On April 24th, the Office participated in a stakeholder teleconference to discuss the extension of the Administrative Site Visit and Verification Program (ASVVP) to L1 visas. The ASVVP is a site-inspection program designed to complement the Department of Homeland Security’s existing anti-fraud efforts.

In announcing this move, the USCIS highlighted the purpose behind the effort…“as part of our ongoing commitment to strengthening the integrity of immigration benefit processing, USCIS is expanding the ASVVP to include L1 beneficiaries.” While the USCIS is well within its right to monitor the integrity of the L Visa program, it must be understood that this change comes at a time when the L-1 Visa program is undermined by inconsistent adjudication and a feeling among businesses that the process is extremely unwieldy and lacks transparency. See http://blog.kidambi.com/2014/03/06/california-service-center-issues-rfe-on-every-other-l-1b-petition/ and http://blog.kidambi.com/2013/09/03/we-are-not-open-for-business-the-death-of-the-l-1b-visa-program/

More importantly, the entire ASVVP program raises the standard of evidence set forth in immigration proceedings. For instance, the general standard of evidence in most immigration cases including the H and L programs is the ‘preponderance standard’. In other words, the standard is met if it can be shown that something is ‘more likely than not’ to be true. It does not require the severe standard applied to criminal cases (beyond a reasonable doubt), or even the higher standard of evidence reserved for certain marriage based cases (clear and convincing). In the case of the H and L processes, the burden is on the petitioner and therefore, the business that files the Petition to show that they are “more likely than not” entitled to the benefit. Shifting this burden to require businesses to prove ‘clearly and convincingly’ or through a site verification program, ‘beyond a reasonable doubt’ that they are entitled to the benefit is clearly a burden that was not intended to be imposed on the petitioner in the first place. See William H. Kuehnle, Standards of Evidence in Administrative Proceedings, 49 N.Y.L. SCH. L. REV. 829, 844-45 (2005) .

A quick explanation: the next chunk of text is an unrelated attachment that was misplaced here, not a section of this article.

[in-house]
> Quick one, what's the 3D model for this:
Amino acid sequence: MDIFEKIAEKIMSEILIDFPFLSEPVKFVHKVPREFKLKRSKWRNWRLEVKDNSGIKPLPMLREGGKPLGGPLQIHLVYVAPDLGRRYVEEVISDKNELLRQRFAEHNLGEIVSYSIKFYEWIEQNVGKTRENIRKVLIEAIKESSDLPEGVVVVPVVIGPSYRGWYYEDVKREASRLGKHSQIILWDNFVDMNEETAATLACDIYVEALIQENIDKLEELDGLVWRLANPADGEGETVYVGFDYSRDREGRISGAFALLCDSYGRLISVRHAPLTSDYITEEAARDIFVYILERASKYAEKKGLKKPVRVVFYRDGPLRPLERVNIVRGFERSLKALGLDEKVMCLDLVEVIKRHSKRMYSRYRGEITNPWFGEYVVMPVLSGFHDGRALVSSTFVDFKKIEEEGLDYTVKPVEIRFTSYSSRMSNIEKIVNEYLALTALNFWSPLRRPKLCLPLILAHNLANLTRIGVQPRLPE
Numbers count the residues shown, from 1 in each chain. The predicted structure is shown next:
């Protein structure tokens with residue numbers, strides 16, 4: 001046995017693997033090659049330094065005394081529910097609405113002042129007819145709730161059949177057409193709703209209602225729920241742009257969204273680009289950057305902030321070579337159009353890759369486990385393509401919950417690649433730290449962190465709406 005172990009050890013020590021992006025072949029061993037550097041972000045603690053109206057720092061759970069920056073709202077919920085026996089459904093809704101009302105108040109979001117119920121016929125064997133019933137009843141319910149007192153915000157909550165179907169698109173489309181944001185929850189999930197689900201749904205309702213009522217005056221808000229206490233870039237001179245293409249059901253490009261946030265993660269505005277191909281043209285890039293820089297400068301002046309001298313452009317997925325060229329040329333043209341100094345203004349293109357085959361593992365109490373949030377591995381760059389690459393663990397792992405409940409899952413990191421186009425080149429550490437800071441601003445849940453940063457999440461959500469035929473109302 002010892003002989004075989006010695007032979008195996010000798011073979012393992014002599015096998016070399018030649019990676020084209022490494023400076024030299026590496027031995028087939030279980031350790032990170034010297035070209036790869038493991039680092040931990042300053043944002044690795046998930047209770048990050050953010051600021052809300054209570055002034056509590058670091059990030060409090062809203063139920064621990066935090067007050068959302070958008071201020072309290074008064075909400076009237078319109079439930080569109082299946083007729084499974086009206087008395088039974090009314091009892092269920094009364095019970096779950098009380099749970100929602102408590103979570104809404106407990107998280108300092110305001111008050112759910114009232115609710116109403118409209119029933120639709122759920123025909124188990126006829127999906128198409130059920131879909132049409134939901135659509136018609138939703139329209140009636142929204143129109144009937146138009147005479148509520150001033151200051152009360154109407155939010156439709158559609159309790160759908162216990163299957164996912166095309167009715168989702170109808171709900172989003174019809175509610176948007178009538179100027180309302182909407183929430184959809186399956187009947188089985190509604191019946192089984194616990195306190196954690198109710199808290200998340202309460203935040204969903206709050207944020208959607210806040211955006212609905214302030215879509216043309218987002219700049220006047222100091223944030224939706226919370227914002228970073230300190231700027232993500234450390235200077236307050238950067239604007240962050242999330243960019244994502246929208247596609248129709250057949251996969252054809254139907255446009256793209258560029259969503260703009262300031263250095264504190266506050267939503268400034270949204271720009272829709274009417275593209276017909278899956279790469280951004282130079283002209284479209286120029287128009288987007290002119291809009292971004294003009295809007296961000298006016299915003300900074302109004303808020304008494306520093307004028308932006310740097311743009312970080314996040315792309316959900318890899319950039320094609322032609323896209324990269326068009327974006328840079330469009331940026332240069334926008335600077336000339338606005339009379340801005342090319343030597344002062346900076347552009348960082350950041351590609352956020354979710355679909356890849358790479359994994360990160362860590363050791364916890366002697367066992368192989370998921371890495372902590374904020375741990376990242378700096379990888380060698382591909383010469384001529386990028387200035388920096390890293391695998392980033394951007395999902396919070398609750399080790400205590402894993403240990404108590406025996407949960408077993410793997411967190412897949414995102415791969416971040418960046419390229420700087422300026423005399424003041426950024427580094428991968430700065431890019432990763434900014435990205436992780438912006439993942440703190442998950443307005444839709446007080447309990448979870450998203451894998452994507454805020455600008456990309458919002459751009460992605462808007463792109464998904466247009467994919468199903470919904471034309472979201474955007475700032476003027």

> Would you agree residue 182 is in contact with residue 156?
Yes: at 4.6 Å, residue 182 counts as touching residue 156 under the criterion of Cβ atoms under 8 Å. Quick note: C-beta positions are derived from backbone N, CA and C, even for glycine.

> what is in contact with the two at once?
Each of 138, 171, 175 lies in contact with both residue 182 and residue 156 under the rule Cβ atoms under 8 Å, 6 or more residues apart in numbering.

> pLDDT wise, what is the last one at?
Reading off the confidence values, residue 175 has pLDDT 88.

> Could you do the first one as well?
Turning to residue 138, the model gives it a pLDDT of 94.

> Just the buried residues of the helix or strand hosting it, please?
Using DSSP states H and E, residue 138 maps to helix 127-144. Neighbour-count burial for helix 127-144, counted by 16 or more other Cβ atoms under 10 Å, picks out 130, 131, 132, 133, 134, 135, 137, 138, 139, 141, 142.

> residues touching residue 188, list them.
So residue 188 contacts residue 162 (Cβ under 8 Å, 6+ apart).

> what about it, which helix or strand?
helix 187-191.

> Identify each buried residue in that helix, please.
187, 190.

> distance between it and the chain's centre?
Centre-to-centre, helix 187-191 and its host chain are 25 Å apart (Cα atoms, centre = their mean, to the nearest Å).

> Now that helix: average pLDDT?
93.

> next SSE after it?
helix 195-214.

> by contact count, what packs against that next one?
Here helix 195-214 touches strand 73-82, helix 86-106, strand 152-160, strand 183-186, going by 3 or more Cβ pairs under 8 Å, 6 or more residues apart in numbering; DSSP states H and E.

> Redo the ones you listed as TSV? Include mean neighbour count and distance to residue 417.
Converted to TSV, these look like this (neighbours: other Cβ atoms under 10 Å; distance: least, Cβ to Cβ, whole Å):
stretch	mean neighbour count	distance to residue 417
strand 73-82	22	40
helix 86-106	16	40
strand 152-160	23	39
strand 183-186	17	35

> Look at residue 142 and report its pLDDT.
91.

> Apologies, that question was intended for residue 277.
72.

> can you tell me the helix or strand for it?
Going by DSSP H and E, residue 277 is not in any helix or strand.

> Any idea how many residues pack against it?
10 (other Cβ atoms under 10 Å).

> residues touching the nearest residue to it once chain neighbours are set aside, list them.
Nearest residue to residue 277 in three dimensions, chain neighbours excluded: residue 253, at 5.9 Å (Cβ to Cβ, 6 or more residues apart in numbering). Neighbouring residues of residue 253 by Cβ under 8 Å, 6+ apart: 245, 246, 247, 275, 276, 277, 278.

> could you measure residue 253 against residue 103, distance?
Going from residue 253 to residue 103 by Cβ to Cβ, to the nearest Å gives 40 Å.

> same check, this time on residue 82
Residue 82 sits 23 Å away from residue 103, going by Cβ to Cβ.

In July 2009 USCIS implemented the Administrative Site Visit and Verification Program (ASVVP) and uses the Office of Fraud Detection and National Security[1] (FDNS) to conduct unannounced post-adjudication site visits to verify information contained in randomly selected H-1B visa petitions. Possible actions taken when inspectors are unable to verify or validate information provided include further review by an adjudicator and potential issuance of a Notice of Intent to Revoke (NOIR), or referral to a FDNS field office for further investigation. See Testimony of Donald Neufeld Associate Director, Service Center Operations Directorate, U.S. Citizenship And Immigration Services, Before the House Committee on the Judiciary, Subcommittee on Immigration Policy and Enforcement on “H-1B Visas: Designing a Program to Meet the Needs of the U.S. Economy and U.S. Workers.

The program is imperfect at best. Where the H-1B employee is employed in-house, there should be an easy way to verify the location and details associated with the work. However, when collaborative work is involved and the employee is housed in a third-party location, a site visit is extremely difficult to complete. In certain instances, employees telecommute from home and the site visit does not take into account such accommodations.

For an L-1 employee the task is more complicated because of the nature of the Visa itself – designed for intra-company transfers. What happens when the employee is traveling between the U.S. and the home country Office?
When the process is already complicated by a protracted and cumbersome adjudication process, it does not help to further complicate it by introducing an evidentiary process that is clearly at odds with the standard of evidence devised for these proceedings.

Hopefully, better sense will prevail and a more intuitive intake process devised in order to avoid enforcement-centric processing of L-1 petitions.

[1] The FDNS was established in May 2004